Beyond Protected Areas

The high-altitude areas of the Central Asian Mountains contain a barren landscape that is inhospitable to even the most hardy plant life. With low precipitation rates and extreme temperatures, little vegetation is available for the snow leopard’s wild prey. This means the animals must continuously travel to find food to forage, and while they do tend to travel in herds, their numbers are very small.

When domestic animals begin to graze in these areas, wild prey populations are drastically reduced. The reduced number of ibex, markhor, blue sheep and argali that make up the main part of a snow leopard’s diet are then forced to travel even farther to find the food they need.

With the wildlife in Central Asia spread out across the vast landscape, it is evident that our conservation focus needs to encompass the full amount of space that these animals use. While creating small protected areas is important, we make every effort to go beyond this preliminary stage and conduct our conservation efforts at the landscape level.

To do this, we engage the people living in these regions to develop community conservation programs that encompass the landscape and help both human and wildlife alike.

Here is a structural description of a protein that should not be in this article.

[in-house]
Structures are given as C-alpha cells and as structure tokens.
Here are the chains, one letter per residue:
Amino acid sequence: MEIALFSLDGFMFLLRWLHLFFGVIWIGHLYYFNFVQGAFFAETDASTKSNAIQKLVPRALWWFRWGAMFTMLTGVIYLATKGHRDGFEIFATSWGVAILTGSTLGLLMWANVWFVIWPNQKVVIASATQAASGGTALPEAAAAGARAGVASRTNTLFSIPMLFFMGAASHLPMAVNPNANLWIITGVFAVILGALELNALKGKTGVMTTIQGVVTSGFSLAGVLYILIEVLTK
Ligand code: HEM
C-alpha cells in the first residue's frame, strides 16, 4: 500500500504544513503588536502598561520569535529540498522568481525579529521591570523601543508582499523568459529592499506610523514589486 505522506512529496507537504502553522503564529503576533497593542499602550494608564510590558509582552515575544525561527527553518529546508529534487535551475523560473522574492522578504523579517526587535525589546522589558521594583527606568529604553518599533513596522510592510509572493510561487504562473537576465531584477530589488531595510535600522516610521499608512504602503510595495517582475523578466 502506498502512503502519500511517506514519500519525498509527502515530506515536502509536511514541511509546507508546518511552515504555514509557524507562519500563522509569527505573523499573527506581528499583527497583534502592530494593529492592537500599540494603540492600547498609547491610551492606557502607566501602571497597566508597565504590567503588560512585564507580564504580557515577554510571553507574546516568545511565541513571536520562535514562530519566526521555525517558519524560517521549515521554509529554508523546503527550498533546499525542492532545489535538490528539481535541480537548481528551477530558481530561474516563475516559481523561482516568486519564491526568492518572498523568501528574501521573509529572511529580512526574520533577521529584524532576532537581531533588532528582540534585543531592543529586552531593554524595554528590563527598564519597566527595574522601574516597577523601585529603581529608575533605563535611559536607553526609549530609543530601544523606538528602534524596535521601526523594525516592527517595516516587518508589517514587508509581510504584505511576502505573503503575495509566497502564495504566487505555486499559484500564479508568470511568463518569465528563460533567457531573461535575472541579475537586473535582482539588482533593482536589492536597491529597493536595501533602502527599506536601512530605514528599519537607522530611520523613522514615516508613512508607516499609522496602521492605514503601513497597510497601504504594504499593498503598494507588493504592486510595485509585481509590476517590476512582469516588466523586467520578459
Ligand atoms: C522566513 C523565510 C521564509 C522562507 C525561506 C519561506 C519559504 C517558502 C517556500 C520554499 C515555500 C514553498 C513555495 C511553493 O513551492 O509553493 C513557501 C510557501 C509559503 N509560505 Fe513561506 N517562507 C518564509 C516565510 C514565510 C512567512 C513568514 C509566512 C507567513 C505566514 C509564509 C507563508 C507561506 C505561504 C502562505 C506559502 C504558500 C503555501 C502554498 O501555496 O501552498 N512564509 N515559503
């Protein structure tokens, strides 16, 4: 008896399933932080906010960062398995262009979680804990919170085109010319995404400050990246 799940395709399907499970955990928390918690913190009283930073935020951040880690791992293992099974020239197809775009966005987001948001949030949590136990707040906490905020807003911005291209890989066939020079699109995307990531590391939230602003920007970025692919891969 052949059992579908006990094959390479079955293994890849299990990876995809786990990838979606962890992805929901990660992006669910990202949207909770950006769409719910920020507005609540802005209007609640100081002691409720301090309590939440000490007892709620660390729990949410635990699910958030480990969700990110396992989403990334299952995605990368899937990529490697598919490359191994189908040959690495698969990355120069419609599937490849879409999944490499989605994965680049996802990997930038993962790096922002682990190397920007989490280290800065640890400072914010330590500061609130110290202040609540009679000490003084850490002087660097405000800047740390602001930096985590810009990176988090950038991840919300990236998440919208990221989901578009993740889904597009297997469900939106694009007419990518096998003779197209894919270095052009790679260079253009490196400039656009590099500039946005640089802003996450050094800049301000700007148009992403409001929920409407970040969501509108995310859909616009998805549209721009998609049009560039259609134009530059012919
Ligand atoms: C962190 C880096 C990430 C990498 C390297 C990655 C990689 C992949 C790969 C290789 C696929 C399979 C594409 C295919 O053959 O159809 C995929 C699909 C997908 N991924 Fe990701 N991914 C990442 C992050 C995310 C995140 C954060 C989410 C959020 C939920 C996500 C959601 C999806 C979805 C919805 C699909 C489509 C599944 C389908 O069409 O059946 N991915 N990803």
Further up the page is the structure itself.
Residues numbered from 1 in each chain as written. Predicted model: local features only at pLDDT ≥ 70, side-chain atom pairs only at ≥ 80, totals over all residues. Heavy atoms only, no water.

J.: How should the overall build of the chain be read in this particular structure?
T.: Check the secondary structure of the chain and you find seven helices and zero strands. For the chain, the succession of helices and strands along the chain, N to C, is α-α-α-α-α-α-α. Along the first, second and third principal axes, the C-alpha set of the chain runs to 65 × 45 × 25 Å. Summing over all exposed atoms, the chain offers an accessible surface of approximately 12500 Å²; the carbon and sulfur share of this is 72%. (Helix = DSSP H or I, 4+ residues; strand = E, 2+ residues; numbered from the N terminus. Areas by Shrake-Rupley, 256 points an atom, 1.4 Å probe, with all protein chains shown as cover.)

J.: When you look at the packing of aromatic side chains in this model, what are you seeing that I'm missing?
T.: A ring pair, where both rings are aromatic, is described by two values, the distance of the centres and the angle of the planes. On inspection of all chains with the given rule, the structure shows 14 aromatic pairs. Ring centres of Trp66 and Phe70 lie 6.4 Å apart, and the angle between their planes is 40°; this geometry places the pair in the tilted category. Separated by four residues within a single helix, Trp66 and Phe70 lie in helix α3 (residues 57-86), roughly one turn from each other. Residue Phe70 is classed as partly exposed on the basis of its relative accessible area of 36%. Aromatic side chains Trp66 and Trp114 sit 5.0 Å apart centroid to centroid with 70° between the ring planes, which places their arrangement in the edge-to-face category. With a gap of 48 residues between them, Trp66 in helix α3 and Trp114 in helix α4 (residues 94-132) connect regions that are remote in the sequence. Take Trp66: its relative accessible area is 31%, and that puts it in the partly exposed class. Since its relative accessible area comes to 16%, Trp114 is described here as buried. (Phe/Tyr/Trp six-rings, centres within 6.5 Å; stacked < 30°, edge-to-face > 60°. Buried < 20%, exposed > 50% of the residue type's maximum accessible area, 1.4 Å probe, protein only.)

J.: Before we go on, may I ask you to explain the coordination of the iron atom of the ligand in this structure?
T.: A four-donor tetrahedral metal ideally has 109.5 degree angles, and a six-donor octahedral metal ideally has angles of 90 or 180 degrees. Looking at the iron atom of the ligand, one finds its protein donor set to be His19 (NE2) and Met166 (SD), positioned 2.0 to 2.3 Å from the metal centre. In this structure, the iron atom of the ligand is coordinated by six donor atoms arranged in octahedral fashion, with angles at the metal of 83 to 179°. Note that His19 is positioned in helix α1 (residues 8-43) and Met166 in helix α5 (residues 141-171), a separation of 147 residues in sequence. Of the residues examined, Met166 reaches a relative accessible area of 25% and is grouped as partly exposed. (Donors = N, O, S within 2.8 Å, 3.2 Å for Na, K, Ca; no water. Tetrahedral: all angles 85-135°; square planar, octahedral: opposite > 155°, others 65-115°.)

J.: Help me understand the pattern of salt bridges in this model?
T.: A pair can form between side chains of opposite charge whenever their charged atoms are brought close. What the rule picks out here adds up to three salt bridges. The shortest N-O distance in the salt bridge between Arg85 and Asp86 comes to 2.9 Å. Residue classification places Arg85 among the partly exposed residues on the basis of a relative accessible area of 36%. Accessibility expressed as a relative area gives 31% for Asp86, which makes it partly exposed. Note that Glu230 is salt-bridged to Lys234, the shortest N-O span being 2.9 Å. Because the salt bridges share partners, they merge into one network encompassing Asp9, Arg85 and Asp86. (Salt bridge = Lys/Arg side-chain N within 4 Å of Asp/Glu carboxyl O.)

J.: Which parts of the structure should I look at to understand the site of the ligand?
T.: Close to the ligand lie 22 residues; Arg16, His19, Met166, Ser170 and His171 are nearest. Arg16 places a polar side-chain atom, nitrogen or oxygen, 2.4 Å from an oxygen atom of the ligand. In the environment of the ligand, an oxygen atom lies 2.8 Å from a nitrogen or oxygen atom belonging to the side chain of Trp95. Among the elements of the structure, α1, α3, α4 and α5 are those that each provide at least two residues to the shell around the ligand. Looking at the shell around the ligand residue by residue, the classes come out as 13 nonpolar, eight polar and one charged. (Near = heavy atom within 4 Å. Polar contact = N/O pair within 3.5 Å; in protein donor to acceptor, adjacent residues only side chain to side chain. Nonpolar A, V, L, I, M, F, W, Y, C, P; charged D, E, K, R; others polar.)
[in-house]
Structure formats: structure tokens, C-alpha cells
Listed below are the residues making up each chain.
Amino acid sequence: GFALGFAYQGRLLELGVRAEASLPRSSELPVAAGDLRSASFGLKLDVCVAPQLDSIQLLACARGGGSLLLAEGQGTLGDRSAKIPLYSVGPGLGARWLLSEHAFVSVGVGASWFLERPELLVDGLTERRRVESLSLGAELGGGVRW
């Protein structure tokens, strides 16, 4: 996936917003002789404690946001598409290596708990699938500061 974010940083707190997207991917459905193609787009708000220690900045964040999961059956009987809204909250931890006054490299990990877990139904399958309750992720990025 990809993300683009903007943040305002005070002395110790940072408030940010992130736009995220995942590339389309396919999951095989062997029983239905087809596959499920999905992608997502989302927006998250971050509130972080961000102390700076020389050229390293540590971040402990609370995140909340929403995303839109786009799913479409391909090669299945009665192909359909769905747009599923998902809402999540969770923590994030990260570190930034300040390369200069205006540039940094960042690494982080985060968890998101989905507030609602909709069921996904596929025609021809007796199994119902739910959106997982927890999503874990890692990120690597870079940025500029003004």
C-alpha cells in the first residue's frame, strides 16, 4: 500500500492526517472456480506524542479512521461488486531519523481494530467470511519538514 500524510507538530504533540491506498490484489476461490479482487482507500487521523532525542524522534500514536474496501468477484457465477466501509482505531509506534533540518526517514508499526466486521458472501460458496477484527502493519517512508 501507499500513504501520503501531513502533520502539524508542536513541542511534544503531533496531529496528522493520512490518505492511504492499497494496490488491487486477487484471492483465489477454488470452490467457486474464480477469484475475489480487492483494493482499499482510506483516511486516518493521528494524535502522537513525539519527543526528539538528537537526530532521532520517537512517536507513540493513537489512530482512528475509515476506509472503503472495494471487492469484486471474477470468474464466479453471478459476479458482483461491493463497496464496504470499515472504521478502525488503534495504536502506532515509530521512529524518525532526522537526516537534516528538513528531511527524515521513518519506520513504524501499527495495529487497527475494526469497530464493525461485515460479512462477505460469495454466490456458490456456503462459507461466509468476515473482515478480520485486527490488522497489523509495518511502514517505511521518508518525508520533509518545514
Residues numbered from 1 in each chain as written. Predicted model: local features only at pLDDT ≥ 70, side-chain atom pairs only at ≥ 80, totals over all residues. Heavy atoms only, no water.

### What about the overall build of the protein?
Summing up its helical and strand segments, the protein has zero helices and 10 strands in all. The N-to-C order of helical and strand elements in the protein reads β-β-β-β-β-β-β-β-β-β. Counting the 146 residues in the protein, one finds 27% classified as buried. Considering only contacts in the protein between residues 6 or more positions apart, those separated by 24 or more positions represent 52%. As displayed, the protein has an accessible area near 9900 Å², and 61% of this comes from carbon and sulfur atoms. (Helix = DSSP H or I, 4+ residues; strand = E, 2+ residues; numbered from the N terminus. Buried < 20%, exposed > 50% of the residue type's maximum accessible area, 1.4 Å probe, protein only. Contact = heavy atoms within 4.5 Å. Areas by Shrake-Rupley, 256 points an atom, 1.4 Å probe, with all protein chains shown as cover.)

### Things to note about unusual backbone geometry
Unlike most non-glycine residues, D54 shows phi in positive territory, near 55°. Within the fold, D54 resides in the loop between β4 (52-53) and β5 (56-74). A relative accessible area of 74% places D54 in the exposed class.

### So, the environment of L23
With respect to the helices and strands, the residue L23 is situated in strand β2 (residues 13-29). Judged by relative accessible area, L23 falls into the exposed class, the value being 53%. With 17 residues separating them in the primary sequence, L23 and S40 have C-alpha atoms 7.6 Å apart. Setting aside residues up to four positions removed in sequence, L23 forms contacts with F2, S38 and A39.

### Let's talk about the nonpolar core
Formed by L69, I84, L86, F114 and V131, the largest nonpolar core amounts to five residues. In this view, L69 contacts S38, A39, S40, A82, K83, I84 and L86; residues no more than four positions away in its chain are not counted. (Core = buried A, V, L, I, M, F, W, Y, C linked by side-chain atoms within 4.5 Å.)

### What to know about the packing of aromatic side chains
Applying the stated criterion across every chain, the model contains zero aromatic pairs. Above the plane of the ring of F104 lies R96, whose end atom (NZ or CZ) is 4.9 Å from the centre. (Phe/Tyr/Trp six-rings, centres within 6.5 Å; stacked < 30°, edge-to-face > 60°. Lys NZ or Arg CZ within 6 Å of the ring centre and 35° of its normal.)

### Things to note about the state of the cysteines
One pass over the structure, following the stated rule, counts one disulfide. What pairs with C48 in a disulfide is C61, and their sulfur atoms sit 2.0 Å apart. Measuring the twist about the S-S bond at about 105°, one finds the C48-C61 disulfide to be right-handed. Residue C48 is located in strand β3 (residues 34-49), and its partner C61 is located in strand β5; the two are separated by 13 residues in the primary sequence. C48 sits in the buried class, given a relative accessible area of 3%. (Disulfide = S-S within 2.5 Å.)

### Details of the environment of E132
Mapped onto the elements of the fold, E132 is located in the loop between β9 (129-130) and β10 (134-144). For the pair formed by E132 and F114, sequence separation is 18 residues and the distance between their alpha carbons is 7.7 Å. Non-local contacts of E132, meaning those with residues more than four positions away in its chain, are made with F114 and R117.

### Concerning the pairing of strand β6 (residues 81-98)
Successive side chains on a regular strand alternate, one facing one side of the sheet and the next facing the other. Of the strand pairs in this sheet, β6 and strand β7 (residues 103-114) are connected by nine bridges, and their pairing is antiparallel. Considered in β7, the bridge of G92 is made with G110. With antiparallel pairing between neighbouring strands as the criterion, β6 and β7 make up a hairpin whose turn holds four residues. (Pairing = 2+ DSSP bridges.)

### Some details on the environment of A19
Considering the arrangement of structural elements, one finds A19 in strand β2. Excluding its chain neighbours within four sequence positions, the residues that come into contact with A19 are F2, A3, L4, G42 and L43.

For example, the Snow Leopard Trust partnered with village leaders and local government representatives in the Spiti Valley of India to discuss ‘Project Snow Leopard’ in 2011. Initiated by our team of scientists, ‘Project Snow Leopard’ is the first ever national survival strategy for snow leopards and it takes a landscape level approach that encompasses the Spiti Valley itself. This successful program actively encourages government officials and local leaders to think beyond small protected areas and protect the landscape.

India is a great example of a successful landscape level approach. We also apply this technique to specific regions in the other 4 countries where we work:

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